The scientists stated that HIV-positive women who have or had amenorrhea “may benefit from earlier fracture risk investigation than is currently recommended [after menopause or a new fragility fracture]. Prompt recognition of abnormally low bone density may allow early initiation of effective therapy [among women who have or had amenorrhea] or preventative measures,” such as the following:
- hormone therapy
- screening and treatment for HCV infection
- referral to harm reduction organizations for women who use substances
- screening for eating disorders
- providing referrals for mental health support if necessary
- providing referrals for nutritional counselling
- facilitating smoking cessation
- reassessment of HIV treatment regimens that include tenofovir DF
In addition, the scientists recommended the “usual strategies” to prevent further bone loss, including the following:
- supplementation with calcium and vitamin D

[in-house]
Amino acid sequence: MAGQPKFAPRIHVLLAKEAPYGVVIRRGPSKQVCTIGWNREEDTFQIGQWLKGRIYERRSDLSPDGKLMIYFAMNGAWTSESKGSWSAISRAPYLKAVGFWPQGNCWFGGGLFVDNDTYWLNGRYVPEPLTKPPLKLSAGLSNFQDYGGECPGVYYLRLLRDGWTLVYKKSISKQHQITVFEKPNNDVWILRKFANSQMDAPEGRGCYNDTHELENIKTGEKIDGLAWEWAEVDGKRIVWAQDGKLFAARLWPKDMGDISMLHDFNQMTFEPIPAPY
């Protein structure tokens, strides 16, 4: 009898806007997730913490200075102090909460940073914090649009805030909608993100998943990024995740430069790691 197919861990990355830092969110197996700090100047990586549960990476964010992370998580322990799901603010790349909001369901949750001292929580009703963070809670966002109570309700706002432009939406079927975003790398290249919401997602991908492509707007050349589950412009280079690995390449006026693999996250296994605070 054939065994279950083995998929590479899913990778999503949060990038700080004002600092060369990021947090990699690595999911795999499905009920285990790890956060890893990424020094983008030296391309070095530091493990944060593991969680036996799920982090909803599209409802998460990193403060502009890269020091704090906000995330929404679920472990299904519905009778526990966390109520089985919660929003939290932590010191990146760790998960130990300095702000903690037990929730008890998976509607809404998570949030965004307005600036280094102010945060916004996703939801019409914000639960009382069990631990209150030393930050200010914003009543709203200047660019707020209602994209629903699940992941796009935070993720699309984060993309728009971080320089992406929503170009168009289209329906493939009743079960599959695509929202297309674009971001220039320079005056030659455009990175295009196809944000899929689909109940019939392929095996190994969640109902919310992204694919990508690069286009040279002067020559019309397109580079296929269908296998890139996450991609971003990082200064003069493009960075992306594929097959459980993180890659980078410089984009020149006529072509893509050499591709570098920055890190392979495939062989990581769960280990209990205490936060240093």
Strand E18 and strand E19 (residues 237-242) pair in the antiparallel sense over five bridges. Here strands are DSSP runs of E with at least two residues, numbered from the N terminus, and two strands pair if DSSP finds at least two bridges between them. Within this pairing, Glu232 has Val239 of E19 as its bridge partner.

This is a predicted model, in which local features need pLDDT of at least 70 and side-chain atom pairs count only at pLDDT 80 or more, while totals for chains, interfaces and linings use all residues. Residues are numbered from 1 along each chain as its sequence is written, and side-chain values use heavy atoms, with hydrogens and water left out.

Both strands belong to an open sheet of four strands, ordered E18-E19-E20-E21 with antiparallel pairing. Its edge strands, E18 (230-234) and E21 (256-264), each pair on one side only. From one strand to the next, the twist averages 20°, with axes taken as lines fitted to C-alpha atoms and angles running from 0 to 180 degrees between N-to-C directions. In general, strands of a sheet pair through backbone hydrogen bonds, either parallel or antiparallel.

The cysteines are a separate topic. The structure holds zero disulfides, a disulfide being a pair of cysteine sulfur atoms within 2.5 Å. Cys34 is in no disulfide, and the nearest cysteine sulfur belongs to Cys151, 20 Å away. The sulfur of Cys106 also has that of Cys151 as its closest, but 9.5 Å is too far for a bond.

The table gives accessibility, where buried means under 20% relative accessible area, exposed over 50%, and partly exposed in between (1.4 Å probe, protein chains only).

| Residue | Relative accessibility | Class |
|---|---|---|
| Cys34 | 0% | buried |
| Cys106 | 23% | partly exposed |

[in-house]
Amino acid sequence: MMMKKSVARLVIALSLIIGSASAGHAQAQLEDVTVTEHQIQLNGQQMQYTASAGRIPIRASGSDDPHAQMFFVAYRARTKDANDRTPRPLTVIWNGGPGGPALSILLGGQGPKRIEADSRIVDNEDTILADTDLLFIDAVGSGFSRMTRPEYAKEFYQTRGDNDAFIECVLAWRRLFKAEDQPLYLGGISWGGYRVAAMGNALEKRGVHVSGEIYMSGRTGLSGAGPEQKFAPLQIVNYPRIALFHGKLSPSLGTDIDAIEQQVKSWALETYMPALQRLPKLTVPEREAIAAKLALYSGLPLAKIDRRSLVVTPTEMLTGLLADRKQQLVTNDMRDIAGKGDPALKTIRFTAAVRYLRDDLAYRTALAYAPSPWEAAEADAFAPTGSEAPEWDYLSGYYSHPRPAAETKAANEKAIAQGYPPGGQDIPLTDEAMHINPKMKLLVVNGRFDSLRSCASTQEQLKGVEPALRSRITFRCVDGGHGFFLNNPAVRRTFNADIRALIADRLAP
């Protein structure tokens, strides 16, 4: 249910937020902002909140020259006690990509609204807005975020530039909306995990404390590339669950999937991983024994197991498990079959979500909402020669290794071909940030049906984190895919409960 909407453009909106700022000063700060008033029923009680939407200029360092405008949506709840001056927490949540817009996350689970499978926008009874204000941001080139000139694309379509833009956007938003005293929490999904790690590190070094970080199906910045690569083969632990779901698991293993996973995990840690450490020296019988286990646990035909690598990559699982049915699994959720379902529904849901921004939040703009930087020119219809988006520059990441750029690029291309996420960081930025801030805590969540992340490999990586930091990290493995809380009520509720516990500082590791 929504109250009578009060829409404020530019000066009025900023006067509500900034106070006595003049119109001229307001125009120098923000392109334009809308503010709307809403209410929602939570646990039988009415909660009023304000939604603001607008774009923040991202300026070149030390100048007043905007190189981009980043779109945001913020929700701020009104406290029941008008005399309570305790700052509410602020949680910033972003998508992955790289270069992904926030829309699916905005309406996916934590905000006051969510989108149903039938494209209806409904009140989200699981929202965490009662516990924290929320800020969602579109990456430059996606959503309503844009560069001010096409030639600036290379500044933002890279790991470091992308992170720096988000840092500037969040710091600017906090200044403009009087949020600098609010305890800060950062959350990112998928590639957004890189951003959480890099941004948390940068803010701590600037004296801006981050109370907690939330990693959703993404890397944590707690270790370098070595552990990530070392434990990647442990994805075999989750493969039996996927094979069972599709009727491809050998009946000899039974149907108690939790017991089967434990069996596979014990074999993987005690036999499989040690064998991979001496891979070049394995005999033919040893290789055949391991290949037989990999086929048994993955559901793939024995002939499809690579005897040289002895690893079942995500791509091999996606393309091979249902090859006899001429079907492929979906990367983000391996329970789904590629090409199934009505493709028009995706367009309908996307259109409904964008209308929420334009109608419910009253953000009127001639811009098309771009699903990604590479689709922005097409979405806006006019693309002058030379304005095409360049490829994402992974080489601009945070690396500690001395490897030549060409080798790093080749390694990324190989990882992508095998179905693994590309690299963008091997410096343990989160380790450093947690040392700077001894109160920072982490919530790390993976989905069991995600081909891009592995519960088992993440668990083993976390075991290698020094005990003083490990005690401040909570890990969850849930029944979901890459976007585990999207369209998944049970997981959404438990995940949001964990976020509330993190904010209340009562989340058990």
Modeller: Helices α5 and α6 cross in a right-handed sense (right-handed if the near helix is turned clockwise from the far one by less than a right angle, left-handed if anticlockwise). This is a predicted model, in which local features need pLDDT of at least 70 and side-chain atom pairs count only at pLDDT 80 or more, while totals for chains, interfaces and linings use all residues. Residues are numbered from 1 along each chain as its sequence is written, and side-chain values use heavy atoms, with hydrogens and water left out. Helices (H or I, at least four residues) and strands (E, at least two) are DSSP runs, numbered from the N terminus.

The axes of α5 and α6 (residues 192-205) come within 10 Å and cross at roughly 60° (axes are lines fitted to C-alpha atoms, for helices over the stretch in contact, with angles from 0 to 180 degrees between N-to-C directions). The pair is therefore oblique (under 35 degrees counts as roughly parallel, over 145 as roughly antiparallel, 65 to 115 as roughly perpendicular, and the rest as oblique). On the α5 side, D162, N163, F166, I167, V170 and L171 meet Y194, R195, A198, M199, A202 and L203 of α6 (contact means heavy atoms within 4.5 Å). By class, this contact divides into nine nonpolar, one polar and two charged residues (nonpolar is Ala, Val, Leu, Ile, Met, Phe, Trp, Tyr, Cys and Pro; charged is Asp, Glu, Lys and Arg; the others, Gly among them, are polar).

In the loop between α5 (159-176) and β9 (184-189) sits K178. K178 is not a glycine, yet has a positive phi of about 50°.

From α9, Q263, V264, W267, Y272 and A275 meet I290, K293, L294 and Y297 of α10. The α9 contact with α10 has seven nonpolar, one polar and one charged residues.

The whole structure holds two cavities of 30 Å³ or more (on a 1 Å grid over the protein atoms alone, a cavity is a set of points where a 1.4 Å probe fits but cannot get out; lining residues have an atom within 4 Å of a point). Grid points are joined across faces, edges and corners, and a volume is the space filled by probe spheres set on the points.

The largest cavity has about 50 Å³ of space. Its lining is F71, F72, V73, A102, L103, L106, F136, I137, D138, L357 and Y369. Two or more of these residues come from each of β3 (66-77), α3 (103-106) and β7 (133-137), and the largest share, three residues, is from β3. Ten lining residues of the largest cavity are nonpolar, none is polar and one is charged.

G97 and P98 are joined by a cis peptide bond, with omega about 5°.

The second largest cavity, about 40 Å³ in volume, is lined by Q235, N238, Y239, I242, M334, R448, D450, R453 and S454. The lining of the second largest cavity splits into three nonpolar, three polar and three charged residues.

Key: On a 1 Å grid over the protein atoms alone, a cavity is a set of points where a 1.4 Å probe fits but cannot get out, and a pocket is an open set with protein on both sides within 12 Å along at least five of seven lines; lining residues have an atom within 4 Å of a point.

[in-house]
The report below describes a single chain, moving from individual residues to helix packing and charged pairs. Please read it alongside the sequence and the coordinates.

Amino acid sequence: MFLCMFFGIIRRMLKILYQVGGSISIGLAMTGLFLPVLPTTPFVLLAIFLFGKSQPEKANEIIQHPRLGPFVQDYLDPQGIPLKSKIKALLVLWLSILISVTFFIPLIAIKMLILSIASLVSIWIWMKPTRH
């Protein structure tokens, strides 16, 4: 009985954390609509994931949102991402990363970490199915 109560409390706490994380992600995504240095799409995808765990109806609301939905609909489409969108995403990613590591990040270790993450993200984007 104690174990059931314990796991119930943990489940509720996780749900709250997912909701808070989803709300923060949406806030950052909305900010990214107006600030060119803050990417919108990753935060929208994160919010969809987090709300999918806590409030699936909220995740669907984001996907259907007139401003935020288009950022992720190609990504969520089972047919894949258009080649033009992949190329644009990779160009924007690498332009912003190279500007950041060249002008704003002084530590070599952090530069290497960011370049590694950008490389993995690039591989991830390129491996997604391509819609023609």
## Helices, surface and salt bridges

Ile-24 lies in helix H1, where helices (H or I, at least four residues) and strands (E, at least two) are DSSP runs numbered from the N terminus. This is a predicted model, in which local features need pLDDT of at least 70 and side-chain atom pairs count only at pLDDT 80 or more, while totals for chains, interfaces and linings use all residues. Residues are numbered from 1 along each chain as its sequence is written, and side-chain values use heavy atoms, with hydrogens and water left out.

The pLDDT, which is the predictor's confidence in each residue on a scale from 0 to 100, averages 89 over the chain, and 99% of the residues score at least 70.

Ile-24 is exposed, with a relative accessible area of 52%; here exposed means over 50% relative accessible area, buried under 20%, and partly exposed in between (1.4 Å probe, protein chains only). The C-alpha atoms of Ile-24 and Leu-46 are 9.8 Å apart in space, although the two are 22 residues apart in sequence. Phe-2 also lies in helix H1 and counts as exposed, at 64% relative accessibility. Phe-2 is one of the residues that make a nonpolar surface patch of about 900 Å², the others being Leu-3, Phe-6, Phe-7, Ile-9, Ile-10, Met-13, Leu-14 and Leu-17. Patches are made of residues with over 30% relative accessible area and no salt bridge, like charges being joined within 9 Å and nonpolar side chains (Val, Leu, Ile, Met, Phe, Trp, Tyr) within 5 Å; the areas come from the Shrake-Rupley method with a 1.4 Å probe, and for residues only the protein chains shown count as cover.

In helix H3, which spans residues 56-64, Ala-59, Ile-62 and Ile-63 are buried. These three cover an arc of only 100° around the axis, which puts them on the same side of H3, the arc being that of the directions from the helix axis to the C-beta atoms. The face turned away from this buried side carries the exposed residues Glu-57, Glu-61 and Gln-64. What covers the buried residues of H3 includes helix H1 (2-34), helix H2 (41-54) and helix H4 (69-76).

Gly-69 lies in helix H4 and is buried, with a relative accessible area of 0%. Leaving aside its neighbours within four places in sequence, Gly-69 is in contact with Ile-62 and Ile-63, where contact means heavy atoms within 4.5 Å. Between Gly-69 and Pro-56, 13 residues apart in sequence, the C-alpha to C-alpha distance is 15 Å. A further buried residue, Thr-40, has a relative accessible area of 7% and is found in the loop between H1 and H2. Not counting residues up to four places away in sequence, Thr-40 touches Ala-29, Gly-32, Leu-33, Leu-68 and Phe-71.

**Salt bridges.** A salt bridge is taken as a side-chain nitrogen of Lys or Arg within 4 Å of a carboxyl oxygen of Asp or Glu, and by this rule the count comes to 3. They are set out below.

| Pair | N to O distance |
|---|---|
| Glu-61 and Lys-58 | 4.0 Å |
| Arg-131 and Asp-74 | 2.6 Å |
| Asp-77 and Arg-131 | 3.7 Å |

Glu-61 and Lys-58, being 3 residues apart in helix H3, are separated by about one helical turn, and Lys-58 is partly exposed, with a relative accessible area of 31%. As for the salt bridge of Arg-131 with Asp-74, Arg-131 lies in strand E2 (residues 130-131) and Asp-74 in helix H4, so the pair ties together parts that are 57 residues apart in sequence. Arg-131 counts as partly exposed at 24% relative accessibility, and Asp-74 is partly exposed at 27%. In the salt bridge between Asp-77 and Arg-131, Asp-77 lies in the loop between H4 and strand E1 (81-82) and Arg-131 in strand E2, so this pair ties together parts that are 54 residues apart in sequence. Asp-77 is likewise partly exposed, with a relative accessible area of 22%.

- weight-bearing exercises
There are also medicines that can be prescribed to reduce the loss of bone density.
Irregular or absent periods – Society of Obstetricians and Gynecologists of Canada
Amenorrhea – Hormone Health Network (available in English only)
—Sean R. Hosein
- King EM, Nesbitt A, Albert AYK, et al. Prolonged amenorrhea and low hip bone mineral density in women living with HIV—a controlled, cross-sectional study. Journal of Acquired Immune Deficiency Syndromes. 2020; in press.
- Donaldson MA, Campbell AR, Albert AY, et al. Comorbidity and polypharmacy among women living with HIV in British Columbia. AIDS. 2019;33(15):2317–2326.
- Cejtin HE, Evans CT, Greenblatt R, et al. Prolonged amenorrhea and resumption of menses in women with HIV. Journal of Women’s Health. 2018;27(12):1441–1448.
- Castellini G, Lelli L, Cassioli E, et al. Relationships between eating disorder psychopathology, sexual hormones and sexual behaviours. Molecular and Cellular Endocrinology. 2019;497:110429.
- Vuong C, Van Uum SH, O’Dell LE, et al. The effects of opioids and opioid analogs on animal and human endocrine systems. Endocrine Reviews. 2010;31(1):98–132.
- Thomsen MT, Wiegandt YL, Gelpi M, et al. Prevalence of and risk factors for low bone mineral density assessed by quantitative computed tomography in people living with HIV and uninfected controls. Journal of Acquired Immune Deficiency Syndromes. 2020;83(2):165–172.